Scientists have identified the brain networks that help focus on one voice or conversation in a noisy room — known as the “cocktail party effect”. They hope that by emulating the way these areas work, modern voice recognition software can be made to function much more efficiently.


Image credits Gerd Altmann / Pixabay.

When you’re at a party, your brain allows you to tune in on a single conversation while lowering the volume of background noise, so to speak. Now, have you ever tried to give a voice command to a device in any type of noisy setting? If yes, you can probably understand why scientists would love to get their hand on a similar voice recognition system for our gadgets.

A new study might offer a way forward for such a technology. Neuroscientists led by Christopher Holdgraf from the University of California, Berkeley, recorded the brain activity of participants listening to a previously distorted sentence after they were told what it meant. The team worked with seven epilepsy patients who had electrodes placed on the surface of their brain to track seizures.

They played a very distorted recording of a sentence to each participant, which almost none of them was able to initially understand. An unaltered recording of the same sentence was played afterwards, followed by the garbled version once more.

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“After hearing the intact sentence” the paper explains, the subjects understood the “noisy version” without any difficulty.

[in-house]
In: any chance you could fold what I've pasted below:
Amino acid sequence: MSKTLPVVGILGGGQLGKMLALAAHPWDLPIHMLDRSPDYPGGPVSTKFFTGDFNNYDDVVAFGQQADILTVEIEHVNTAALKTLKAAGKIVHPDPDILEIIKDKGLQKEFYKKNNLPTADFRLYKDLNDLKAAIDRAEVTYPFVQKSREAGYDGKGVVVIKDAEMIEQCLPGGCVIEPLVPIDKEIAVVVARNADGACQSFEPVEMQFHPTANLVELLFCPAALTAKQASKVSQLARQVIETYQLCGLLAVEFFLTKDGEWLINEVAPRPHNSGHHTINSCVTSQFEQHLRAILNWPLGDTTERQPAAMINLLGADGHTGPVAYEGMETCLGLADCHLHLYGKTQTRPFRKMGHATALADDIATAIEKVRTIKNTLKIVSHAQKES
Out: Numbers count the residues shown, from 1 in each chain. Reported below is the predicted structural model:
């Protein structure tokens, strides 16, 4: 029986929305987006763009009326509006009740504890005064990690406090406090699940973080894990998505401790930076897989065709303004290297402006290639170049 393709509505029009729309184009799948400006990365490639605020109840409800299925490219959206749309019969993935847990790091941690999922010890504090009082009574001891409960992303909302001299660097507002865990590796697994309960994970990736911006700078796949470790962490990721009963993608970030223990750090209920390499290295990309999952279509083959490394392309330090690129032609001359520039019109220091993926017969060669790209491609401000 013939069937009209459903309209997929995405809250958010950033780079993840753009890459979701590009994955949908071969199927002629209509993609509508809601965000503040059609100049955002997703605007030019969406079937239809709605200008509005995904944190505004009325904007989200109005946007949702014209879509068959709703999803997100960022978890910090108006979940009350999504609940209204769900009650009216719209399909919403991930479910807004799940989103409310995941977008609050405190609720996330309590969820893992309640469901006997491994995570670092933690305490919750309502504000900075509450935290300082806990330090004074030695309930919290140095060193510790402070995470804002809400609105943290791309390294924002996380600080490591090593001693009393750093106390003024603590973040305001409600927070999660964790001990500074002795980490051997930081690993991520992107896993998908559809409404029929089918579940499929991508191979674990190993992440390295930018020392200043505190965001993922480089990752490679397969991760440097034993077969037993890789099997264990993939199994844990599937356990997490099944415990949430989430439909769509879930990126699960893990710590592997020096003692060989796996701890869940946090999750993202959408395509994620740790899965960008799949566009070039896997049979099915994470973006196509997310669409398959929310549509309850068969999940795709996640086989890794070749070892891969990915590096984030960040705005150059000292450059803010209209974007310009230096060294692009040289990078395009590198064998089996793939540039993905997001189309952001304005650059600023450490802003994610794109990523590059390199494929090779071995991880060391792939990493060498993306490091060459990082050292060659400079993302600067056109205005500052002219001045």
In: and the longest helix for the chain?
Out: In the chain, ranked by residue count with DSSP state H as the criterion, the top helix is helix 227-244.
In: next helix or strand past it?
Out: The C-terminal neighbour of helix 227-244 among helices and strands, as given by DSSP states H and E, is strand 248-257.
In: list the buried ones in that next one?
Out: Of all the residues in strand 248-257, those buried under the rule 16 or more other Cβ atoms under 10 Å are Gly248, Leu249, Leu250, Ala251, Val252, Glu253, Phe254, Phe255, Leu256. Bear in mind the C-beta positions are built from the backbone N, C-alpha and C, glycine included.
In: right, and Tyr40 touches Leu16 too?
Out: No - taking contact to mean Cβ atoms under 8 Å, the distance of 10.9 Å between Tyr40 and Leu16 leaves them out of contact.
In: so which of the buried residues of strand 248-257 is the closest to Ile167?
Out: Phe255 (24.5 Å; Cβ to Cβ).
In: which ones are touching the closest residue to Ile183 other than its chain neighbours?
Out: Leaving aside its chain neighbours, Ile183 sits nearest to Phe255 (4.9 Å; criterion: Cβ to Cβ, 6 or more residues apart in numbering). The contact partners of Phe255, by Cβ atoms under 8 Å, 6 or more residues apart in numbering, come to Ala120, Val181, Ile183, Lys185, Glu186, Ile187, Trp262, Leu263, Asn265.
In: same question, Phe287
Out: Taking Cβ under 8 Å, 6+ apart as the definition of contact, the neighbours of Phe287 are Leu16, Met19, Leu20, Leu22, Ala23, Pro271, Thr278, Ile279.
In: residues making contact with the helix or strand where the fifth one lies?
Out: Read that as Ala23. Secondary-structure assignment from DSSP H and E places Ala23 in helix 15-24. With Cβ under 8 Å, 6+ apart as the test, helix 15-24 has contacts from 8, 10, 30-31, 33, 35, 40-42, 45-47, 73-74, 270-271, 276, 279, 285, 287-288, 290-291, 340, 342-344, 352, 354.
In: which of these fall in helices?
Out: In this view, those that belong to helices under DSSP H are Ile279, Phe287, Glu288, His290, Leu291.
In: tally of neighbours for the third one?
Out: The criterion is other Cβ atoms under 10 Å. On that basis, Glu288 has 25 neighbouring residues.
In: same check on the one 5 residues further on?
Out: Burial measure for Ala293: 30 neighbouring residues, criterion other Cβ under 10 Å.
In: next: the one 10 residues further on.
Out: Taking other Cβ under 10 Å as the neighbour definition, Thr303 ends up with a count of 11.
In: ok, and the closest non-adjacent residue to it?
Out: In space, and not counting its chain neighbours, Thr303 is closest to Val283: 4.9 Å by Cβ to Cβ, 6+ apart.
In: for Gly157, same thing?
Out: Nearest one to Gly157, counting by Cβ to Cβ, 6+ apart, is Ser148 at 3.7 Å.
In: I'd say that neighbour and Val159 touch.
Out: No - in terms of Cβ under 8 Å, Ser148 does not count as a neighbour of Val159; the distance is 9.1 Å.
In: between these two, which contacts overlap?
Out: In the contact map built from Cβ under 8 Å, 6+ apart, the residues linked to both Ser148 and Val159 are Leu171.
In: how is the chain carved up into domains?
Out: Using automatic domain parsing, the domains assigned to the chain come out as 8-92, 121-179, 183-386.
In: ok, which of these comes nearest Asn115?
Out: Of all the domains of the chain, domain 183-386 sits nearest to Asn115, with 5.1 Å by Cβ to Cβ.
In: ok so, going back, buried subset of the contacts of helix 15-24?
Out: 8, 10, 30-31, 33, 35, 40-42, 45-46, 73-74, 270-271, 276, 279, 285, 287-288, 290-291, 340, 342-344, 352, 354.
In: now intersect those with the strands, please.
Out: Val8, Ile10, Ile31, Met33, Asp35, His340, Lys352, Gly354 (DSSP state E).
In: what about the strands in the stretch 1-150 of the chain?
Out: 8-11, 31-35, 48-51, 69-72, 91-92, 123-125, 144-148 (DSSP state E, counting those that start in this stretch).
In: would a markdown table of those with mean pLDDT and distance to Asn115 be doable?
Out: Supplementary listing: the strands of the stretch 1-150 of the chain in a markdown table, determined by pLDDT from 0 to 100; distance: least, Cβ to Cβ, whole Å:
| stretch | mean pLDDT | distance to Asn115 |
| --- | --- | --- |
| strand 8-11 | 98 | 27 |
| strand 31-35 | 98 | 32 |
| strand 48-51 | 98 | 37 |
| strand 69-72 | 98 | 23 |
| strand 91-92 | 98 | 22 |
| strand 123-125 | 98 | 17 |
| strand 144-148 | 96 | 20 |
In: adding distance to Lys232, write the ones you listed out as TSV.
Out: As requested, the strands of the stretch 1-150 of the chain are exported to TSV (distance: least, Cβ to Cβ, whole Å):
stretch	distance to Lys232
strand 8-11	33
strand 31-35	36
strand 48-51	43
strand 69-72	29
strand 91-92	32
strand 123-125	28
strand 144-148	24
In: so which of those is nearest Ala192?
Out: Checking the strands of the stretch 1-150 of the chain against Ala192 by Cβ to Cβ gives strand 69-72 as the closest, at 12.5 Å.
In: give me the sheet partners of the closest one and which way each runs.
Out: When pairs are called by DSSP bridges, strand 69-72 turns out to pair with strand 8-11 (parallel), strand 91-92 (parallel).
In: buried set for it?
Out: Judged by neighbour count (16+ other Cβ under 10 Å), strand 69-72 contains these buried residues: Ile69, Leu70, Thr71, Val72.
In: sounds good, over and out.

Brain recordings show that this moment of recognition coincided with patterns of activity in areas known to be involved in understanding sound and speech. When subjects listened to the garbled version, the team saw little activity in these areas, but hearing the clear sentence then caused their brains to light up.

This was the first time we saw the way our brains alter their response when listening to an understandable or garbled sound. When hearing the distorted phrase again, auditory and speech processing areas lit up and changed their pattern of activity over time, apparently tuning in to the words among the distortion.

“The brain actually changes the way it focuses on different parts of the sound,” explained the researchers.

“When patients heard the clear sentences first, the auditory cortex enhanced the speech signal.”

The team is now trying to expand on their findings and understand how the brain distinguishes between the background and the sounds we’re actually interested in hearing.

“We’re starting to look for more subtle or complex relationships between the brain activity and the sound,” Mr Holdgraf said.

“Rather than just looking at ‘up or down’, it’s looking at the details of how the brain activity changes across time, and how that activity relates to features in the sound.”

This, he added, gets closer to the mechanisms behind perception. If we understand how our brains filter out the noise, we can help people with speech and hearing impediments better hear the world around them. The team hopes to use the findings to develop a speech decoder — a brain implant to interpret people’s imagined speech — which could help those with certain neurodegenerative diseases that affect their ability to speak.

The full paper “Rapid tuning shifts in human auditory cortex enhance speech intelligibility” has been published in the journal Nature Communications.